MONTGOMERY, Ala. (AP) - The Justice Department says Alabama's prison system has been violating the Constitution by failing to protect inmates from violence and sexual abuse.
The federal government's findings were disclosed in a scathing letter reviewed Wednesday by The Associated Press. The letter described the problems as "severe" and "systemic."
The Justice Department also warned that it may sue the state within the next two months if Alabama doesn't fix the problems.
The findings are the result of an investigation opened in 2016 at the end of the Obama administration.
The report is the latest blow to the troubled Alabama prison system, which has been criticized for overcrowding, violence, and a high suicide rate.
A federal judge ruled in 2017 that the state has provided "horrendously inadequate" care to mentally ill inmates.
Gov. Kay Ivey's response:
Governor Kay Ivey and the Alabama Department of Corrections responded today to a U.S. Department of Justice (DOJ) findings letter that reports the results of the DOJ’s investigation into inmate-on-inmate violence, sexual assault, and the conditions of confinement within the Alabama Department of Corrections’ (ADOC) male correctional facilities.
The DOJ investigation, pursuant to the Civil Rights of Institutionalized Persons Act (CRIPA), was initiated on October 6, 2016, and involved site inspections at four male prisons and the interviewing of hundreds of inmates, correctional staff, and ADOC officials. For more than two years, the DOJ pursued an investigation of issues that have been the subject of on-going litigation and the target of significant reforms by the state.
“We appreciate the U.S. Department of Justice’s efforts to ensure open lines of communication with the State of Alabama. DOJ has identified many of the same areas of concern that we have discussed publicly for some time,” Governor Ivey said. “Over the coming months, my Administration will be working closely with DOJ to ensure that our mutual concerns are addressed and that we remain steadfast in our commitment to public safety, making certain that this Alabama problem has an Alabama solution.”
The Department of Corrections already acknowledged many of the issues in the DOJ’s findings letter and has been actively working to remedy these concerns by improving correctional officer hiring and retention; developing effective prison management, including efforts to curtail the entry of contraband; and replacing an outdated prison system with state-of-the-art correctional facilities designed to safely, effectively, and humanely manage and meet the needs of a diverse inmate population.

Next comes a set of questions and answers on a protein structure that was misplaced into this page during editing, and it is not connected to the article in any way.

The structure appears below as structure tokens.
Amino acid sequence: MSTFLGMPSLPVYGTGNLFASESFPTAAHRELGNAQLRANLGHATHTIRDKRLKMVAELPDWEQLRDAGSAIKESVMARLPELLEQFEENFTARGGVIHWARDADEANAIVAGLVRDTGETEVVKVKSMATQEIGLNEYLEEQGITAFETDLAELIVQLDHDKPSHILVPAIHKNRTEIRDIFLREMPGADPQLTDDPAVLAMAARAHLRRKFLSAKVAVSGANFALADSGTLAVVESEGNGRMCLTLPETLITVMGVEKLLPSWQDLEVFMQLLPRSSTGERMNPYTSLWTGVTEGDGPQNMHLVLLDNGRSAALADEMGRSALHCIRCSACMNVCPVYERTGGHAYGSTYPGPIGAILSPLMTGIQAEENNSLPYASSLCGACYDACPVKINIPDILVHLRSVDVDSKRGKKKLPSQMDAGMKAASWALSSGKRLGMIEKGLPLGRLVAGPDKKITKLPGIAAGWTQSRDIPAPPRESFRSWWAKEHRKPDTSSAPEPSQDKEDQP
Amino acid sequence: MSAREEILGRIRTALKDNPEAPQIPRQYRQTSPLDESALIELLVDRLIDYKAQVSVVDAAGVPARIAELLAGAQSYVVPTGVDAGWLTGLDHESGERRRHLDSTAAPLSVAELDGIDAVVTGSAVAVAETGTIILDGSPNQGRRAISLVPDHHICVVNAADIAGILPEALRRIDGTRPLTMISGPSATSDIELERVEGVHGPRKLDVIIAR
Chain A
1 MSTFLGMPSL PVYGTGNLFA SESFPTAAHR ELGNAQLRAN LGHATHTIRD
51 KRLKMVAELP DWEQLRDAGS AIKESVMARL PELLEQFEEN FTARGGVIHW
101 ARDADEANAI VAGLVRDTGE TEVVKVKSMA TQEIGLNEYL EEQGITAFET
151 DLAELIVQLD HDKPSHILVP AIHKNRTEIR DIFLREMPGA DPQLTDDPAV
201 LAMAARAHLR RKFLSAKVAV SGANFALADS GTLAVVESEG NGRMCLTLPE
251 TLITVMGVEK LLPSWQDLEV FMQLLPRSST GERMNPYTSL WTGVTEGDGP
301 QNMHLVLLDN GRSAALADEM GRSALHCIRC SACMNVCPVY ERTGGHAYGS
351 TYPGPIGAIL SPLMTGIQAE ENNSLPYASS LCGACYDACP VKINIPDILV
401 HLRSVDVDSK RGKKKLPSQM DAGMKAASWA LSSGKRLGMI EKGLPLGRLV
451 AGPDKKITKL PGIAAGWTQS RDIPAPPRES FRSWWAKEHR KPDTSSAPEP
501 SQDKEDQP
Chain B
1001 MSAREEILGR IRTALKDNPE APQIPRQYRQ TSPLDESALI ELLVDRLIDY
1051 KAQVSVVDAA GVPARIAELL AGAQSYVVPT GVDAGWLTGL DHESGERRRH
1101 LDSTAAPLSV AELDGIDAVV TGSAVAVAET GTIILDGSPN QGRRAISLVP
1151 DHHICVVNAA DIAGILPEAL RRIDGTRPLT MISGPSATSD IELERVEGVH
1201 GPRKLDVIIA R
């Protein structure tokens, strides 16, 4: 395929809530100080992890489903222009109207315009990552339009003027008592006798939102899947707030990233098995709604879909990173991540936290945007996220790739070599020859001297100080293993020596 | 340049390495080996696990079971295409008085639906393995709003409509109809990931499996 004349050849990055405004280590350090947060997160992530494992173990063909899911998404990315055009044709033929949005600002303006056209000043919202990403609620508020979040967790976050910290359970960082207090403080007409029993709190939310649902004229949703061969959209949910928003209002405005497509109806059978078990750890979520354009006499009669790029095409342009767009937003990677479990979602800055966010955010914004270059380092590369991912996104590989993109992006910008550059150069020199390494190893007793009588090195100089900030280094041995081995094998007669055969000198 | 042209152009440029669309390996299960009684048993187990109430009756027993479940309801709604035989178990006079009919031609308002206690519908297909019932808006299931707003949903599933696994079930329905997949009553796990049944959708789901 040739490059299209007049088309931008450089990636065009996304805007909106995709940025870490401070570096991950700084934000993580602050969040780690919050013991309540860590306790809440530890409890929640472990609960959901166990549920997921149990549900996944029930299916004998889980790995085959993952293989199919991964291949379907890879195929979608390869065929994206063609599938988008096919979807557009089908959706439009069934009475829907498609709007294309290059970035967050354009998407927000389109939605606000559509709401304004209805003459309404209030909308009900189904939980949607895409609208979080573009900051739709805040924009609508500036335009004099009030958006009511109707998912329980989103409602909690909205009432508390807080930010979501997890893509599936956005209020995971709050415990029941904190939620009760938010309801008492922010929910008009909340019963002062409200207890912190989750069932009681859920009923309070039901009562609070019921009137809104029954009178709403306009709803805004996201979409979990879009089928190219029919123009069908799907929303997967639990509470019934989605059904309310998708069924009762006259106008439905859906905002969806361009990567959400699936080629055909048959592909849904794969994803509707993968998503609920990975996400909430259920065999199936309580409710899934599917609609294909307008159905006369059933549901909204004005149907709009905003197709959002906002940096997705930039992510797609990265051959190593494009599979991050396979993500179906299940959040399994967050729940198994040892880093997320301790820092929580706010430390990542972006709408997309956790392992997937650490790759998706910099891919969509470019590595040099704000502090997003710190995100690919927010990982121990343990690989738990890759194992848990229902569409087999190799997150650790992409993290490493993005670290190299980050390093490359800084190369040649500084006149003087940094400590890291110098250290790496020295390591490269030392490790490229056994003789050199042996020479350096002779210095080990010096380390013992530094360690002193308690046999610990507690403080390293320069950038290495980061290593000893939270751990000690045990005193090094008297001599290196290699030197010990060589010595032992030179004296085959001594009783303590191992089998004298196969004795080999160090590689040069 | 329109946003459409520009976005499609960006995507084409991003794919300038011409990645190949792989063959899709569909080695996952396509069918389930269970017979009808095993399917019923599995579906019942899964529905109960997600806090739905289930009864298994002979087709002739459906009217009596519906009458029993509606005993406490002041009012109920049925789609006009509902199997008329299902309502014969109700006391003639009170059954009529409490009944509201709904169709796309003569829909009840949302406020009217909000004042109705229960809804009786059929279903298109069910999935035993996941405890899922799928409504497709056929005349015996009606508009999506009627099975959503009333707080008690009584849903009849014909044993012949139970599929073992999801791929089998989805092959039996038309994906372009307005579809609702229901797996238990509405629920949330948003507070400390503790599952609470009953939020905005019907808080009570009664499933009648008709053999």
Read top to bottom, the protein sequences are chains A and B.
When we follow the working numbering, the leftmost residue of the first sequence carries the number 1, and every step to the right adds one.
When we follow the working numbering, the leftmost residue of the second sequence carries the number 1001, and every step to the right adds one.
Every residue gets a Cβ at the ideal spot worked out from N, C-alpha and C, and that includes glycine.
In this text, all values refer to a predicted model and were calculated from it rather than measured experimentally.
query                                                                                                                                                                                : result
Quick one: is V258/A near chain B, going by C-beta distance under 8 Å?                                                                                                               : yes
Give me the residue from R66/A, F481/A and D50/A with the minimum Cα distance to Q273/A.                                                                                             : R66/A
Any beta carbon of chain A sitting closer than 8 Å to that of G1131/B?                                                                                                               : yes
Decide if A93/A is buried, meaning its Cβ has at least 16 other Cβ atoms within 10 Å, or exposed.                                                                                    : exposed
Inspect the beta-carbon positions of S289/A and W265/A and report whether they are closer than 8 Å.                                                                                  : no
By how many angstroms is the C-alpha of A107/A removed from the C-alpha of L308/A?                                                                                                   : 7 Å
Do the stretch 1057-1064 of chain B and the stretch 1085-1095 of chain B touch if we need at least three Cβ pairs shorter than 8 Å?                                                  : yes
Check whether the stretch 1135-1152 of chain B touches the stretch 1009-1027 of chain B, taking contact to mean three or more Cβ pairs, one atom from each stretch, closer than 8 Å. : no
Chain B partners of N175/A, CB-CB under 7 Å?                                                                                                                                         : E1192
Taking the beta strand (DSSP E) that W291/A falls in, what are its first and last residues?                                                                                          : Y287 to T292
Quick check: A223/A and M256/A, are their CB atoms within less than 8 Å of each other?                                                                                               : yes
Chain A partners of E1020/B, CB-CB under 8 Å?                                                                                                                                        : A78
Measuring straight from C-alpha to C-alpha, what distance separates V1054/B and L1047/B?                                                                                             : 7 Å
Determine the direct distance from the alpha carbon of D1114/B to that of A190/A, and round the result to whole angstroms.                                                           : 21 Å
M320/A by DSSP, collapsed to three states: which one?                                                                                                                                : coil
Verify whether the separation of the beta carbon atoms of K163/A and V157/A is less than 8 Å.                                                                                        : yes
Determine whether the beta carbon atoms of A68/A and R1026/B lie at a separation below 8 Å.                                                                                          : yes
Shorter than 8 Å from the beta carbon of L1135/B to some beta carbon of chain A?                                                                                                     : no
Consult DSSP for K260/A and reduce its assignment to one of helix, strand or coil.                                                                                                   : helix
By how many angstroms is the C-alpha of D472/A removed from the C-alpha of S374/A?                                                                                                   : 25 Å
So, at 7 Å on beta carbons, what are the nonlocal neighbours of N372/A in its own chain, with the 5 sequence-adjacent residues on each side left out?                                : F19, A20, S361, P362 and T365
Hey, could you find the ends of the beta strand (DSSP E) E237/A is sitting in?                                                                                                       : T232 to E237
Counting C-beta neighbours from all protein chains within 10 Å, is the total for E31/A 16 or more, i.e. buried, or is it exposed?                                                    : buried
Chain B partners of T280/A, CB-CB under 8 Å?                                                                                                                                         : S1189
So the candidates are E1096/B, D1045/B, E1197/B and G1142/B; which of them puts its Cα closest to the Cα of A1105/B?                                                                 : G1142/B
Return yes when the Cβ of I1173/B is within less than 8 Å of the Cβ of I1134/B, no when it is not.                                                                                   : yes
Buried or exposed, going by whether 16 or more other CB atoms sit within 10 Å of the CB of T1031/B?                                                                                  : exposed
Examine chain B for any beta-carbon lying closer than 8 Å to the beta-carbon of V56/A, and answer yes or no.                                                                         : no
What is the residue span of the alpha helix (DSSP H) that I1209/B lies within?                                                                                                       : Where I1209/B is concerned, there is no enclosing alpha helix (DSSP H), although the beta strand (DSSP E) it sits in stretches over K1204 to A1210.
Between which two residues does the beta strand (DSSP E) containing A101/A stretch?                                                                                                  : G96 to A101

As DOJ stated in its finding letter, “We recognize ADOC has begun to make some positive changes in recent years.”
Alabama Department of Corrections plan to build new prisons will allow for enhanced security through updated structures and the implementation of current technology resources. Such facilities will also allow for the integration of medical and mental health services and provide safer environments for inmates and staff.
“ADOC voluntarily assisted the DOJ in every reasonable way with the investigation,” Commissioner Jeff Dunn said. “Our primary objective is to ensure each facility provides a humane, secure, and safe environment for inmates, and that reforms already in place and proposed bring about positive, tangible changes throughout the prison system.” Efforts for the improved hiring and retention of correctional staff have been bolstered with the Legislature’s $86 million funding appropriations in 2018 and 2019 for hiring additional correctional and health services staff. These efforts continue with a $31 million request for ADOC’s proposed 2020 budget, which would help the department hire 500 new correctional officers and increase the pay scale for all security personnel.
Continued multi-agency law enforcement security operations, like one recently conducted at the St. Clair Correctional Facility on February 28, utilized drug detection canines and drone technology to confiscate contraband at prison facilities to improve safety among inmates and correctional staff.
ADOC has expanded its increased oversight of mental health service delivery, with the creation and addition of multiple mental health oversight staff positions and staff-wide training. Additionally, with assistance from nationally recognized clinical mental health experts, ADOC developed a comprehensive mental health program for standard mental health screening, crisis and suicide intervention, prevention, and specialized mental health treatment.
In 2014, ADOC partnered with a consulting group to aid the department in complying with the Prison Rape Elimination Act (PREA) standards and improving conditions within the prison system. DOJ and ADOC jointly selected an independent monitor who provided technical assistance to ADOC in addition to assessing the department’s compliance. In 2017, all ADOC facilities reached full PREA compliance with DOJ’s validation.
To combat recidivism and in the interest of public safety, ADOC uses evidence-based principles and programs by matching inmates with rehabilitative, vocational, and educational programs they need to reenter society successfully upon their release.
“In response to DOJ’s findings, it is important to understand all the current efforts ADOC has taken and will continue to take to improve the conditions of confinement within the male prison system,” Dunn said. “Governor’s Ivey’s commitment to working closely with the Legislature to resolve this generational problem will ultimately lead to a 21st Century prison system.”